Niki wrote:I think we lost a bit the sense of what genius is.
Clint Eastwood, with all due respect, is not a genius and I'm sure he would laugh if anyone seriously addressed him as such. Neither Louise Bourgeoise is a genius or anything close to it. These are talented, creative people.
DaVinci, Michelangelo, Bruneleschi, Newton, Mozart, Mendelsohn, Einstein, Niels Bohr, Heisenberg, Shakespeare, Proust, ... these are geniuses. You want to add Picasso, Matisse, Monet,...OK.
If someone want to pay $4M for Louise Bourgeoise or $32M for Jasper Johnes... this will not make them geniuses.
There is the tendency today in our society to declare a genius just about anyone that is smarter than your average Joe, specially if he made a couple of good investments.
--------------------

Niki, I agree with you on all points but I love your last sentence in particular. How very true.

Regards,
Agnes.
----------------------

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Grandpas and Grandmas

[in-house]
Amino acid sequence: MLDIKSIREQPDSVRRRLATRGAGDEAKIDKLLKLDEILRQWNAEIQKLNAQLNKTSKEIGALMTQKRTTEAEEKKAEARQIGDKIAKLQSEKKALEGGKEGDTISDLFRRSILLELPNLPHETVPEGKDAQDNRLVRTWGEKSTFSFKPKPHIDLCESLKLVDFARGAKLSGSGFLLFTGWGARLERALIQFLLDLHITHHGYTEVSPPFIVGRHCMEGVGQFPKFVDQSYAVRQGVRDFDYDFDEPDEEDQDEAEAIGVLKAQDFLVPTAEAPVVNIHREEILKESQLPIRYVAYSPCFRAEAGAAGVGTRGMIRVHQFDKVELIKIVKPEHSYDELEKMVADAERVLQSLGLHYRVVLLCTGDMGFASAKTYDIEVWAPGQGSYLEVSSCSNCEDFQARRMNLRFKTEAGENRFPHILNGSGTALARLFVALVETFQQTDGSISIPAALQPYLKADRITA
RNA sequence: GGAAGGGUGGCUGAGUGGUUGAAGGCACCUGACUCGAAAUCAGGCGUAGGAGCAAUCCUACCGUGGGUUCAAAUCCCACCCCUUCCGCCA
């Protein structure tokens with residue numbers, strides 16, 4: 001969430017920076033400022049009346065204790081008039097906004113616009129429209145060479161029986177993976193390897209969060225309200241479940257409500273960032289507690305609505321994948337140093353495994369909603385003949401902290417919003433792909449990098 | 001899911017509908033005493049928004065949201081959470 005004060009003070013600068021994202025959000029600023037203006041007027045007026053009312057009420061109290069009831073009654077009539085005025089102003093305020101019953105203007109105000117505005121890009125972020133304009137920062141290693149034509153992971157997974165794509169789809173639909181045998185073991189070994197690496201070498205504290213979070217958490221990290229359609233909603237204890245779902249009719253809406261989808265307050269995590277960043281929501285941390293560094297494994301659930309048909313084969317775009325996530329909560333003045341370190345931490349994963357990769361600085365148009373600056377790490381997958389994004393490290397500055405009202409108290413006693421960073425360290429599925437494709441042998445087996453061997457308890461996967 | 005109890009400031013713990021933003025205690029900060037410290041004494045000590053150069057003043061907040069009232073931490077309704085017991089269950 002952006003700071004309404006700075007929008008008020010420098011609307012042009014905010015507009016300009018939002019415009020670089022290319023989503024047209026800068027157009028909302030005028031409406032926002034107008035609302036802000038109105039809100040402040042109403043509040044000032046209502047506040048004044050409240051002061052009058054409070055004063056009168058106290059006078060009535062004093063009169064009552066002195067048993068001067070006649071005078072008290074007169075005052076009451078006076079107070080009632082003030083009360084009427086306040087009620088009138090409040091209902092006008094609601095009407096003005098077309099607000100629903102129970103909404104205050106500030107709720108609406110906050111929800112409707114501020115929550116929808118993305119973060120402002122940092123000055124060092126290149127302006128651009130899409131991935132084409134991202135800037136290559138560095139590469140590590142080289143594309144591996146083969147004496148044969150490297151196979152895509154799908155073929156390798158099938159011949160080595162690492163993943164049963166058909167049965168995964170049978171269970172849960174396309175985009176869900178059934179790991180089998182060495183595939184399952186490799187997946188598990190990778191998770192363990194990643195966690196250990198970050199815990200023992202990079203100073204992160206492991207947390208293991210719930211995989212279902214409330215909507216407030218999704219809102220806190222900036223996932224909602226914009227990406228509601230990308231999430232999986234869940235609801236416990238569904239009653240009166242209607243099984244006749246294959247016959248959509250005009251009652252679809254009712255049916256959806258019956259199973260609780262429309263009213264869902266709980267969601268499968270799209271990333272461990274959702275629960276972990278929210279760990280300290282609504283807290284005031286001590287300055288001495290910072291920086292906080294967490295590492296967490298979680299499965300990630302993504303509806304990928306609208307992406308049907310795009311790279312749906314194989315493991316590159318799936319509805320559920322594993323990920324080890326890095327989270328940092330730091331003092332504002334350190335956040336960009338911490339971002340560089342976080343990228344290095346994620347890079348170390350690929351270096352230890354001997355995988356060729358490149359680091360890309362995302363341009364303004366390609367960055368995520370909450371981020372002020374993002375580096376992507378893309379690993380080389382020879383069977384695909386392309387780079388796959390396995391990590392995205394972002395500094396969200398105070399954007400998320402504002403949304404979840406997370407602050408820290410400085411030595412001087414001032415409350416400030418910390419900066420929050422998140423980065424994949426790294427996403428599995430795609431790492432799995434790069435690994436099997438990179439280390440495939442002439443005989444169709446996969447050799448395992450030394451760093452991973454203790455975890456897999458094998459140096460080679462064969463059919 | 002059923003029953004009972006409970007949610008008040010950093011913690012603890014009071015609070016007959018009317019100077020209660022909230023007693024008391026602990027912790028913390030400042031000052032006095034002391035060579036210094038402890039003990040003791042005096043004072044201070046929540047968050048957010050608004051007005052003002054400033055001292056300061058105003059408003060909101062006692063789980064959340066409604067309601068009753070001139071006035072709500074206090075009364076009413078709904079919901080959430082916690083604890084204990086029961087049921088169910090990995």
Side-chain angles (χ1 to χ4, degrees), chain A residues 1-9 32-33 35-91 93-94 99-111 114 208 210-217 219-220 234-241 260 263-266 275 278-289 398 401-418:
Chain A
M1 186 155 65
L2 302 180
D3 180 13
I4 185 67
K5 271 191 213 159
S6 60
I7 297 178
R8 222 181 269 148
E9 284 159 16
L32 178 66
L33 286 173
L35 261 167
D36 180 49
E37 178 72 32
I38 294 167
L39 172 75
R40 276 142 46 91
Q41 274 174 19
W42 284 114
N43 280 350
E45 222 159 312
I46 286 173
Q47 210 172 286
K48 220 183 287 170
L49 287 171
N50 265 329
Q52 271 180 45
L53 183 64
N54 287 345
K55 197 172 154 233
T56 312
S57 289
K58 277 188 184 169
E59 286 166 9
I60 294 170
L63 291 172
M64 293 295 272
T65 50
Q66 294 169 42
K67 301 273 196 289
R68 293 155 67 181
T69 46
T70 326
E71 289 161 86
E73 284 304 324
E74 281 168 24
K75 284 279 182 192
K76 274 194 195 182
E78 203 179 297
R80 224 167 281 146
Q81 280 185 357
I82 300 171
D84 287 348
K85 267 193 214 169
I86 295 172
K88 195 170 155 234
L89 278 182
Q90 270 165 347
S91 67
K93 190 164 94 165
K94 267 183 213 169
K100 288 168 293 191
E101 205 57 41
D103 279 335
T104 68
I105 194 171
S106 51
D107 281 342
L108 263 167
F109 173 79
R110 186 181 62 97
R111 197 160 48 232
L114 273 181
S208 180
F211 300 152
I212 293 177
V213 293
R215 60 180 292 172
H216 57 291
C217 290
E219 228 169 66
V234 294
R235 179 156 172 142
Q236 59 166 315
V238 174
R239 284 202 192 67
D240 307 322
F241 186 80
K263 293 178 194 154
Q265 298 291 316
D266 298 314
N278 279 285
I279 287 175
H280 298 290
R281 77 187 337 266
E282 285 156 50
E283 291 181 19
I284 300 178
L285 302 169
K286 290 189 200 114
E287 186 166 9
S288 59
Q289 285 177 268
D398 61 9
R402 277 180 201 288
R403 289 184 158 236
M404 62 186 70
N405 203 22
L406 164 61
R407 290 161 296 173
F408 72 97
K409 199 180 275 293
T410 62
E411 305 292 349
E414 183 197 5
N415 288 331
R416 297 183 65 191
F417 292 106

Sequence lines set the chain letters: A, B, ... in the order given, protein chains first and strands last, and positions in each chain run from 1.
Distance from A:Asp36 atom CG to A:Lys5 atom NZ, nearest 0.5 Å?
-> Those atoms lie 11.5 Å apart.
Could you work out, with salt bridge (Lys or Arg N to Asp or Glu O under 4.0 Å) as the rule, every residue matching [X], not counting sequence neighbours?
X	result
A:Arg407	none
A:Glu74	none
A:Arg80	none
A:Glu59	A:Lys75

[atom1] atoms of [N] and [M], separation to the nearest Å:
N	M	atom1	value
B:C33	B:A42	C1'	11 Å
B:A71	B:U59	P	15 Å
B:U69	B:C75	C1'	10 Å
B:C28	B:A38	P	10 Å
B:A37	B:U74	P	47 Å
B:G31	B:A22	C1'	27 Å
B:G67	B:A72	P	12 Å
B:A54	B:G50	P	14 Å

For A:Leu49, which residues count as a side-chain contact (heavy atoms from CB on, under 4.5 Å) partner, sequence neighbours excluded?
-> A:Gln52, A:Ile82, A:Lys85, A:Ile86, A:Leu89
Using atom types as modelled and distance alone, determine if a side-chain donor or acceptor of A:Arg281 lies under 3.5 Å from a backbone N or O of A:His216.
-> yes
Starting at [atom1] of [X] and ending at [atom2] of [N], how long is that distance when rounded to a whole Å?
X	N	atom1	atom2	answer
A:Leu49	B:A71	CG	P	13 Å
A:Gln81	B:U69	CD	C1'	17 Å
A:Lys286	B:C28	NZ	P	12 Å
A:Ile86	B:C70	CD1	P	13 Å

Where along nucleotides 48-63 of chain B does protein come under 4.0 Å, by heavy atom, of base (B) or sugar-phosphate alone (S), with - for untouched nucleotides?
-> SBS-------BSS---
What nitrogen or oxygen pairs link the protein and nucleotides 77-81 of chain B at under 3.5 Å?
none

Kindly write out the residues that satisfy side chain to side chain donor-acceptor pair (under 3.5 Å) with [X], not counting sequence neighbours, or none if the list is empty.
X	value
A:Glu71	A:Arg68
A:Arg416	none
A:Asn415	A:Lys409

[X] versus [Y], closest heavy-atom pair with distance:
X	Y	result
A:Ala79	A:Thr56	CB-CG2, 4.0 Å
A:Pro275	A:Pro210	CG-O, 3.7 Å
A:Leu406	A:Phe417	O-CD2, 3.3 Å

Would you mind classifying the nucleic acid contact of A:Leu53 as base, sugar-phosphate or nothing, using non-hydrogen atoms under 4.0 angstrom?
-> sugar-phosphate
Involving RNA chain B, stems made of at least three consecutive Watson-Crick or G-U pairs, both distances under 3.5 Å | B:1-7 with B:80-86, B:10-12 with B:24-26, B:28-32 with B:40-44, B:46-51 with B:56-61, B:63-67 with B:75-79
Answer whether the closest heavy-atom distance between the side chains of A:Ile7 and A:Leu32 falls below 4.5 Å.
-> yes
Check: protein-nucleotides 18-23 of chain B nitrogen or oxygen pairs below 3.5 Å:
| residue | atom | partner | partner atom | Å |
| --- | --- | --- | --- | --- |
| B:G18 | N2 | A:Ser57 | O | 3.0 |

Post by Agnes Selby » Wed Jan 31, 2007 11:39 pm

Werner wrote:True, Agnes, and I don't expect to see any exceptions to that rule, certainly in these disciplines.

The thread does awaken a distant memory of an upstate New York artist who, as nearly as I recall, had no preparation for artistic creativity until she was old enough to justify the name by which she gathered a measure of fame as a painter - Grandma Moses.
-------------

A newer edition of this genre is our friend, Zel. Zel is a well known Sydney cardiologist, retired. His painting hobby is being applauded
and he has become a newly discovered painter. At 85 years old, he has found a new career. No one is more surprised than Zel himself.

Regards,
Agnes.
------------------

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Post by IcedNote » Wed Jan 31, 2007 11:49 pm